Honduras has officially established diplomatic ties with China and severed them with Taiwan, ending an 82-year relationship, claiming there’s “only one China in the world.”
“Today, the Chancellor of the Republic, Eduardo Enrique Reina, fulfilling instructions from Mrs. Iris Xiomara Castro Sarmiento, President of the Republic and accompanied by a delegation made up of Deputy Xiomara Hortencia Zelaya Castro and Ambassador Patricia Licona. Foreign Ministry Advisor, signed with Mr. Qin Gang, Minister of Foreign Affairs of the People’s Republic of China, the document official for the establishment of diplomatic relations at the Ambassadorial level between the
Republic of Honduras and the People’s Republic of China,” Honduras’s Foreign Ministry said in a statement Saturday.
“The two governments agreed to develop friendly ties on the basis of the principles of mutual respect for sovereignty and territorial integrity, non-aggression, no intervention in each other’s internal affairs, equality, mutual benefit and coexistence peaceful.”
“The two countries also agreed to cooperate on issues of mutual interest by which will jointly promote, in their respective instances, the signing of agreements in cooperation areas such as finance, trade, infrastructure, energy, technology, culture, tourism, education and health, among others, based on the benefit mutual and shared integral development,” the ministry added.
Honduras said it recognizes “only one China in the world.”
“The Government of Honduras recognizes that there is only one China in the world and that The Government of the People’s Republic of China is the only legitimate Government that represents all of China.”
It added that: “Taiwan is an inalienable part of Chinese territory, and as of today, the Honduran government has informed Taiwan the severance of diplomatic relations, pledging not to have any official relationship or contact with Taiwan.”
Honduras is the ninth diplomatic ally that Taipei has lost to Beijing, bringing the total number of countries that recognize Taiwan down to 13, according to The Guardian.
A spokesperson for China’s Foreign Ministry responded to Honduras’ statement on ties with China.
“Standing up for the one-China principle is the right thing to do. It has the overwhelming support of the international community and represents the prevailing trend of the world. China welcomes the Honduran government’s positive statements on developing ties with China. We stand ready to establish and grow bilateral relations with Honduras on the basis of equality and mutual respect,” the post reads.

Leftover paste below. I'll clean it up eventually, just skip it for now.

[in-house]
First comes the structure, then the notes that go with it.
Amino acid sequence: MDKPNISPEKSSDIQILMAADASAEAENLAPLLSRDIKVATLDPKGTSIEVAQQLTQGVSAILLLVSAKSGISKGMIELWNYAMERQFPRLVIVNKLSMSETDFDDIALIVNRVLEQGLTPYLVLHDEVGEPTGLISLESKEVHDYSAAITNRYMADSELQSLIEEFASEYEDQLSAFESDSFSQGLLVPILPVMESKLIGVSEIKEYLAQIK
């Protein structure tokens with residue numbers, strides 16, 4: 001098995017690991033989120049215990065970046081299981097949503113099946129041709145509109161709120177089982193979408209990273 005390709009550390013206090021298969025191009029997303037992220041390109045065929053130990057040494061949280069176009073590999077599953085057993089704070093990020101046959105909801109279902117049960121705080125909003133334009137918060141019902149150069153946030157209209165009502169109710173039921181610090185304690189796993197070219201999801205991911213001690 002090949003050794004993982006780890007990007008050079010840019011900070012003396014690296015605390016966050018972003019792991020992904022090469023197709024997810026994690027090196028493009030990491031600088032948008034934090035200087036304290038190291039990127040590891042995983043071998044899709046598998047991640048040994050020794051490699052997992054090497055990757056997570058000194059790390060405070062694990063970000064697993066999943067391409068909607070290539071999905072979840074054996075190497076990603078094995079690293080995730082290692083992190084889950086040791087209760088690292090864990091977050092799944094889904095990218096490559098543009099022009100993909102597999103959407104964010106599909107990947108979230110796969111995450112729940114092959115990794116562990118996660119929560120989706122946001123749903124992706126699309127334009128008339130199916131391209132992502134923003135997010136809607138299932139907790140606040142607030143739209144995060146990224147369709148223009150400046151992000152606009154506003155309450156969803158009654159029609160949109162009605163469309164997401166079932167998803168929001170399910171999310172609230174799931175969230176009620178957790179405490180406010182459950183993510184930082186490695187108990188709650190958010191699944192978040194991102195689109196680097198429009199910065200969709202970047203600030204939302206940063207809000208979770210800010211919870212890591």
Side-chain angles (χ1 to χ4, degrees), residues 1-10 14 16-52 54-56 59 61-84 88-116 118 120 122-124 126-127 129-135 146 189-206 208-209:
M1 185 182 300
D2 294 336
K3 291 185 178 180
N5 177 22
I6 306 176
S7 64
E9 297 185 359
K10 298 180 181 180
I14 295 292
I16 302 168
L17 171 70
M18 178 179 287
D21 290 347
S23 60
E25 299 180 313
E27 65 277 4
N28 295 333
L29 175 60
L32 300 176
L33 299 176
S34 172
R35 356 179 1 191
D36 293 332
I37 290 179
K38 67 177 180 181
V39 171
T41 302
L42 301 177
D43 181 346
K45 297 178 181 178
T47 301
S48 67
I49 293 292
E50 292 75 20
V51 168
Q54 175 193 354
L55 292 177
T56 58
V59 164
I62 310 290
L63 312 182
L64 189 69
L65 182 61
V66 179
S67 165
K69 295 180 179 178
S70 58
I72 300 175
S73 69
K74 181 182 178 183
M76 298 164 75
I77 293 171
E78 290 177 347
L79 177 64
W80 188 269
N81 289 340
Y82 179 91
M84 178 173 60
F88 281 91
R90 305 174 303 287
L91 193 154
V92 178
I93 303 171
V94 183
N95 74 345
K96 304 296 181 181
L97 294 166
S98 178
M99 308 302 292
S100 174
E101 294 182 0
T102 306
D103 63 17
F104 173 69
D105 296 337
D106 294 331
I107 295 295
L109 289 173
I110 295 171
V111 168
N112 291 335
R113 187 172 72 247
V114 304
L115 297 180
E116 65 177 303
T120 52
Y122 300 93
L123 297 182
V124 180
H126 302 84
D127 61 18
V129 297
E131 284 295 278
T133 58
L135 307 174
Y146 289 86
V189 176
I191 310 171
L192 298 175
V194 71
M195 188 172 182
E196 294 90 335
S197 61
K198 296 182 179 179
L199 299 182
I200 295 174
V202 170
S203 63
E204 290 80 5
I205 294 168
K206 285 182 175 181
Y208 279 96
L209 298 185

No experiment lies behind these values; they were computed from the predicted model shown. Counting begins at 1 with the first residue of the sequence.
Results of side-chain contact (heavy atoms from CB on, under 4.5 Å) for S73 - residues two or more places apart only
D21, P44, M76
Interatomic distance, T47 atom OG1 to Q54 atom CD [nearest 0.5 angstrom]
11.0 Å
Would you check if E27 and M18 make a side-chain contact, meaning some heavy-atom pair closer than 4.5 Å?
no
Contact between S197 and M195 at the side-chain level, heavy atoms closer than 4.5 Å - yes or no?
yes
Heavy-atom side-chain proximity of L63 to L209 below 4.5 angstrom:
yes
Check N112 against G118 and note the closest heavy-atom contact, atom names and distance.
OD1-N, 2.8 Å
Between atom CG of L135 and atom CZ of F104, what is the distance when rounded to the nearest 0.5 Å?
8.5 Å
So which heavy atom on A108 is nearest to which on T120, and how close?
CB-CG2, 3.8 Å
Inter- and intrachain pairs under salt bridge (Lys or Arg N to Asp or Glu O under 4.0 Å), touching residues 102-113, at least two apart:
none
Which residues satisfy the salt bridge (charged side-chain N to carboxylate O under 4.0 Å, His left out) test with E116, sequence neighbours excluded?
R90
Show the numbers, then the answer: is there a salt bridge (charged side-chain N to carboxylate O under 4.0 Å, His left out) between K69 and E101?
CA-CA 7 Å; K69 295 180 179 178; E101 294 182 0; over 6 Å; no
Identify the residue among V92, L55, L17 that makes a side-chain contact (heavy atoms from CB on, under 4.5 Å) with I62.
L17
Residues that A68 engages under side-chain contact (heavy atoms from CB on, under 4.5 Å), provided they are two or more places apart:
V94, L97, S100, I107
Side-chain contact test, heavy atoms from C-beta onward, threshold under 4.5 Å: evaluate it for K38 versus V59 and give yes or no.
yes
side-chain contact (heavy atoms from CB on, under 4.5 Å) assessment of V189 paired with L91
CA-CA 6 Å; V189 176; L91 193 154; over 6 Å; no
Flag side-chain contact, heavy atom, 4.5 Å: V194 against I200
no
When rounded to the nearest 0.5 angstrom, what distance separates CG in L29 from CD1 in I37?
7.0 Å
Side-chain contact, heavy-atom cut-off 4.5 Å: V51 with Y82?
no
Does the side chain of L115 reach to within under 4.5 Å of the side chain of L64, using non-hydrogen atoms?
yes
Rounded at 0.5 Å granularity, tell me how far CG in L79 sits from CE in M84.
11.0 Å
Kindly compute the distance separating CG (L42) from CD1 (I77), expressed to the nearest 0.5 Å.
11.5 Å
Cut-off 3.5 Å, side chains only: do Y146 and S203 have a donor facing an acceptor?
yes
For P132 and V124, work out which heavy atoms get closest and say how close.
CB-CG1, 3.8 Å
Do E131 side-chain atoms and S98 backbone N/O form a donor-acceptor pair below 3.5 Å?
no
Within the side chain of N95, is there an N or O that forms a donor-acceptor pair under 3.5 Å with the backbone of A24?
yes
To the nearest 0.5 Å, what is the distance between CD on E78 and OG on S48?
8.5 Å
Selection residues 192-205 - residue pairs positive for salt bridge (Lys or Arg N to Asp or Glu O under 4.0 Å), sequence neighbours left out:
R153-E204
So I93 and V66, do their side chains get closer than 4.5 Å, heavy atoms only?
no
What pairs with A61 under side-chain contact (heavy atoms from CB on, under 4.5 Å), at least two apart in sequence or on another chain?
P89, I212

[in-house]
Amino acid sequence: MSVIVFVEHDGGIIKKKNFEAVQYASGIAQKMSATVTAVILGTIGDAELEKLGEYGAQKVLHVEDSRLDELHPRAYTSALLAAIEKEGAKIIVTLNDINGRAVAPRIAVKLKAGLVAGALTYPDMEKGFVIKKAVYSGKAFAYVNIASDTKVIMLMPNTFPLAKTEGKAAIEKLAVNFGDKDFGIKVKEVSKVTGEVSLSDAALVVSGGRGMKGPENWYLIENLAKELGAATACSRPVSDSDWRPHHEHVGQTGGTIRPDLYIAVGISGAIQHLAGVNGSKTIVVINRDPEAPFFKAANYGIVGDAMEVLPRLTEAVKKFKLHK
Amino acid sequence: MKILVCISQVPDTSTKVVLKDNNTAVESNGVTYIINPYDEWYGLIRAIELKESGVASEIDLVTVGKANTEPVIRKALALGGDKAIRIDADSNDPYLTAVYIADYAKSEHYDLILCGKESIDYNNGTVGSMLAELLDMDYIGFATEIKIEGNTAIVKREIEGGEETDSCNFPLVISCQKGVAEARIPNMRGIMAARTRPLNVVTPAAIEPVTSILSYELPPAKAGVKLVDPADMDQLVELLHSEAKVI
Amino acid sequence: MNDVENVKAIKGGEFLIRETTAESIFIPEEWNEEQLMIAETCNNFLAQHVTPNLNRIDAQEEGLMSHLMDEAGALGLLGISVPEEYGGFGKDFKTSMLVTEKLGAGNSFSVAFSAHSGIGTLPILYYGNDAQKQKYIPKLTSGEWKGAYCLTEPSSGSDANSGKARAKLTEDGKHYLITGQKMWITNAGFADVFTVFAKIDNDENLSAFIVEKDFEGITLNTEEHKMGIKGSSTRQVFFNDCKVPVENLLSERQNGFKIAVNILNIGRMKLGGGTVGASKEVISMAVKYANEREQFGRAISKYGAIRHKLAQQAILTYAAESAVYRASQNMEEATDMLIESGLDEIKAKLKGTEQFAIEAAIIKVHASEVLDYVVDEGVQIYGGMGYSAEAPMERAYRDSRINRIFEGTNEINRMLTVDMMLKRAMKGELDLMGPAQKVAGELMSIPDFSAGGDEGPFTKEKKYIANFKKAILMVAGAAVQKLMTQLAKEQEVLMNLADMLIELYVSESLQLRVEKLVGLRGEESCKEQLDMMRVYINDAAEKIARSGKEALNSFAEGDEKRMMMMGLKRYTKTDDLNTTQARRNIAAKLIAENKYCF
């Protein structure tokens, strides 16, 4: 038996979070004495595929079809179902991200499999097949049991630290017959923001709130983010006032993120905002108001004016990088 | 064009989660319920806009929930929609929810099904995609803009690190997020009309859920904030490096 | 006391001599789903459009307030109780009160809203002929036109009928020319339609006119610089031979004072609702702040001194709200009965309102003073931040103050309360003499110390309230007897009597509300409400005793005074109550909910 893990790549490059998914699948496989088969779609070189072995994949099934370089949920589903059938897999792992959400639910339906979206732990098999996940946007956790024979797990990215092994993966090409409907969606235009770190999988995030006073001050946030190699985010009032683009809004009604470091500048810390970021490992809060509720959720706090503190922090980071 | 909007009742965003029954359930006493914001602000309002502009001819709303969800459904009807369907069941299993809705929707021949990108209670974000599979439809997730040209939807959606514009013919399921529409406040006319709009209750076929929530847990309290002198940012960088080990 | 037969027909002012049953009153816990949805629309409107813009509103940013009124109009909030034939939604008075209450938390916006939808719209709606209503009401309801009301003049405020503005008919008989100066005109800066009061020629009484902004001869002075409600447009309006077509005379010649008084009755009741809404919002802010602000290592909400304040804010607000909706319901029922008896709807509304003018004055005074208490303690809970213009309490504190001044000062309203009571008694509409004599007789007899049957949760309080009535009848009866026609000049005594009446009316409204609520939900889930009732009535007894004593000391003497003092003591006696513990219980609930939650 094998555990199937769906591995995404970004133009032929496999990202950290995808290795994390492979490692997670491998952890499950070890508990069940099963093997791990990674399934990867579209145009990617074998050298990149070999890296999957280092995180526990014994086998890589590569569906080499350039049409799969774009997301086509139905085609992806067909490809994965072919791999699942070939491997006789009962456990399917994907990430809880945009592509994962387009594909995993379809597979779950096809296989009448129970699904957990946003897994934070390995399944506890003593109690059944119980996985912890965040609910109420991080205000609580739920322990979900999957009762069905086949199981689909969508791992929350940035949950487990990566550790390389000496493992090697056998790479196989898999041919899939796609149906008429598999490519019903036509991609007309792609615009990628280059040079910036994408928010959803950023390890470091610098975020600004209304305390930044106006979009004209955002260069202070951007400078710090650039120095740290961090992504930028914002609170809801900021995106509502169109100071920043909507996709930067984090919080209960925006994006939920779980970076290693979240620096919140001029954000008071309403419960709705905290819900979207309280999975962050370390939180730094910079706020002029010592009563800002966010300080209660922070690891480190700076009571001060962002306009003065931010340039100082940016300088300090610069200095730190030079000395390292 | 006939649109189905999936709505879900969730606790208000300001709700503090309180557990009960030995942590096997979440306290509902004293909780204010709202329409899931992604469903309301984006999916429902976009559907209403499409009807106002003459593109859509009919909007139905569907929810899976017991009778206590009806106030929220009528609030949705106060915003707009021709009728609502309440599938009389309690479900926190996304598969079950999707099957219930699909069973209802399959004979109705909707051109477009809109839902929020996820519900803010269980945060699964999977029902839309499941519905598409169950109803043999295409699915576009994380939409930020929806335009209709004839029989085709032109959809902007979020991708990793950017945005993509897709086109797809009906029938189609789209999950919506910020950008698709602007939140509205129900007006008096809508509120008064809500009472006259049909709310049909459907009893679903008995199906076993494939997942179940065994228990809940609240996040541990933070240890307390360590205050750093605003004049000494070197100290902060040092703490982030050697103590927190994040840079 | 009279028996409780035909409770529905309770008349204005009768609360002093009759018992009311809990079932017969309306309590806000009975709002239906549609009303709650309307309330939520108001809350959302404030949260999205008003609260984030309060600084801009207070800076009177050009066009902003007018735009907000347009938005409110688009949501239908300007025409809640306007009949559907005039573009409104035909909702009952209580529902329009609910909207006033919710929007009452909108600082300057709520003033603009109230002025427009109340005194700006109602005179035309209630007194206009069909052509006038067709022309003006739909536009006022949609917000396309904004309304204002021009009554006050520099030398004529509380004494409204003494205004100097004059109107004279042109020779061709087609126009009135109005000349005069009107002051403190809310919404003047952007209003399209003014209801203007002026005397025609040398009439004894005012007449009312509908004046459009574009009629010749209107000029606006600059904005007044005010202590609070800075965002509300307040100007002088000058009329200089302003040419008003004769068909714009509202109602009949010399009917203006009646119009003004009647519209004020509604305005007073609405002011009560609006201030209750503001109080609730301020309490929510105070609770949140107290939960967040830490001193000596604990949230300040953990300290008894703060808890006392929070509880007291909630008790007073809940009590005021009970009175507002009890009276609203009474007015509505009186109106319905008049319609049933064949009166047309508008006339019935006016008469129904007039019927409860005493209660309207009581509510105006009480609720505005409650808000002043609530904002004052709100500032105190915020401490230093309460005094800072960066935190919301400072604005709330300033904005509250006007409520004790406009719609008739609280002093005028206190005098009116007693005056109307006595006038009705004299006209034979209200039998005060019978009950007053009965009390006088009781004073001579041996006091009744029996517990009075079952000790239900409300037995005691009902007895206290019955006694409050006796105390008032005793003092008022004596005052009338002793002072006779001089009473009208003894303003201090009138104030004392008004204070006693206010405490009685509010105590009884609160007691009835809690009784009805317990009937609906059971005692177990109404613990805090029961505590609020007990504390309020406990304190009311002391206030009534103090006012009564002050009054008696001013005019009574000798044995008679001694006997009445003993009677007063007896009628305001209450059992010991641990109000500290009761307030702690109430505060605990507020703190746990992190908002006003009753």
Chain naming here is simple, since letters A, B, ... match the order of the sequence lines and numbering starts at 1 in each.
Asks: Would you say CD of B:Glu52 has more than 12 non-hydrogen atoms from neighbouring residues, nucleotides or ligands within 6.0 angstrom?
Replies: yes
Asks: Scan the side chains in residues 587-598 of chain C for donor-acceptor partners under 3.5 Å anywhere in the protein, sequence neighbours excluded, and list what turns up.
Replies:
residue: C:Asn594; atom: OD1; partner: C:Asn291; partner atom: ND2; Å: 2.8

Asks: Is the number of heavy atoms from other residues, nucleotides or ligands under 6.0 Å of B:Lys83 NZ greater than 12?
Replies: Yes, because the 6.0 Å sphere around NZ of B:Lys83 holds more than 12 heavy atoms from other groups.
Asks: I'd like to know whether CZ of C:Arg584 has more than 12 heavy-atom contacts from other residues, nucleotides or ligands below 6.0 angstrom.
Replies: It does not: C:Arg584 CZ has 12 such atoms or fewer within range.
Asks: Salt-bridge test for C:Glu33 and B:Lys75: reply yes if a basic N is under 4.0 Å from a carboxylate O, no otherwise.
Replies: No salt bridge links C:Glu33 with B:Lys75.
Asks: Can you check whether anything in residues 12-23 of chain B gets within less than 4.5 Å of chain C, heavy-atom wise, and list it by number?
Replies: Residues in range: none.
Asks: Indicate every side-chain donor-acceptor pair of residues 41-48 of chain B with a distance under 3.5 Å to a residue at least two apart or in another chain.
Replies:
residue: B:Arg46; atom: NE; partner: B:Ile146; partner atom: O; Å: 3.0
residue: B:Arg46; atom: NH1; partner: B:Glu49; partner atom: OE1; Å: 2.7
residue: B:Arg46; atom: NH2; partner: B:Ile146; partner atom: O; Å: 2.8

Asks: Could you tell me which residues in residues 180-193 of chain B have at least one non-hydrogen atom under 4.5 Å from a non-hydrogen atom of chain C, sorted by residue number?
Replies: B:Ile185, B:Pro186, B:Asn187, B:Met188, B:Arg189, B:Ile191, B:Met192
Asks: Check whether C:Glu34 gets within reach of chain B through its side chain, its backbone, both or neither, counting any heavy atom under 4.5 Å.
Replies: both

Shortly after Honduras made its announcement, Taiwan’s president, Tsai Ing-wen, confirmed that ties had been officially severed.
Read the official statement below:
It is with deep regret that today we end our diplomatic relations with Honduras.
For many years, we have upheld the belief that working within the full extent of our capabilities, and by taking a forward-looking and pragmatic approach, we can support the long-term, substantive development of our diplomatic allies. We will not engage in a meaningless contest of dollar diplomacy with China.
These past few years, China has persistently used any and all means to suppress Taiwan’s international participation, intensify its military intimidations against Taiwan, and disrupt regional peace and stability.
But its pressure and coercion will not change the fact that the Republic of China and the People’s Republic of China are not subordinate to each other. And they cannot erode the Taiwanese people’s staunch commitment to freedom and democracy or our determination to engage wholeheartedly with the world.
The people of Taiwan have proven to the world that we do not give in to threats. Taiwan’s connections and cooperation with our diplomatic allies and like-minded countries, and our joint efforts to advance international security and well-being, will only expand and grow stronger.
We will continue to stand with our diplomatic allies and like-minded global partners as we work toward a better future for all.
The people of #Taiwan have proven to the world that we do not give in to threats. We will continue to stand with our diplomatic allies and like-minded global partners as we work toward a better future for all. pic.twitter.com/cryJMRlRp3
— 蔡英文 Tsai Ing-wen (@iingwen) March 26, 2023
The Guardian reported:
Despite China’s campaign of isolation, Taiwan retains robust informal ties with more than 100 other countries, most importantly the US. The US doesn’t have diplomatic relations with Taiwan but has maintained that Taipei is an important partner in the Indo-Pacific.
Taiwan still has formal ties with 13 nations including Belize, Paraguay and Guatemala in Latin America, and Vatican City. Most of its remaining partners are island nations in the Caribbean and South Pacific, along with Eswatini in southern Africa.
Many of the allies receive financial assistance from Taiwan, or have access to Taiwan’s medical system or scholarships at Taiwanese universities. The ministry of foreign affairs confirmed on Sunday that with the ending of ties with Honduras, 170 students would lose their scholarships at the end of the current semester.
Tsai is scheduled to visit Belize and Guatemala this week. On Sunday, Wu said he didn’t have any evidence that Honduras’s announcement was timed to coincide with the trip but said it was “highly suspicious” and seemed to be intentional.
“The Chinese always try and manipulate events to distort our diplomatic relations,” he said, adding that their earlier information had been that talks between Beijing and Honduras were not nearing an end.
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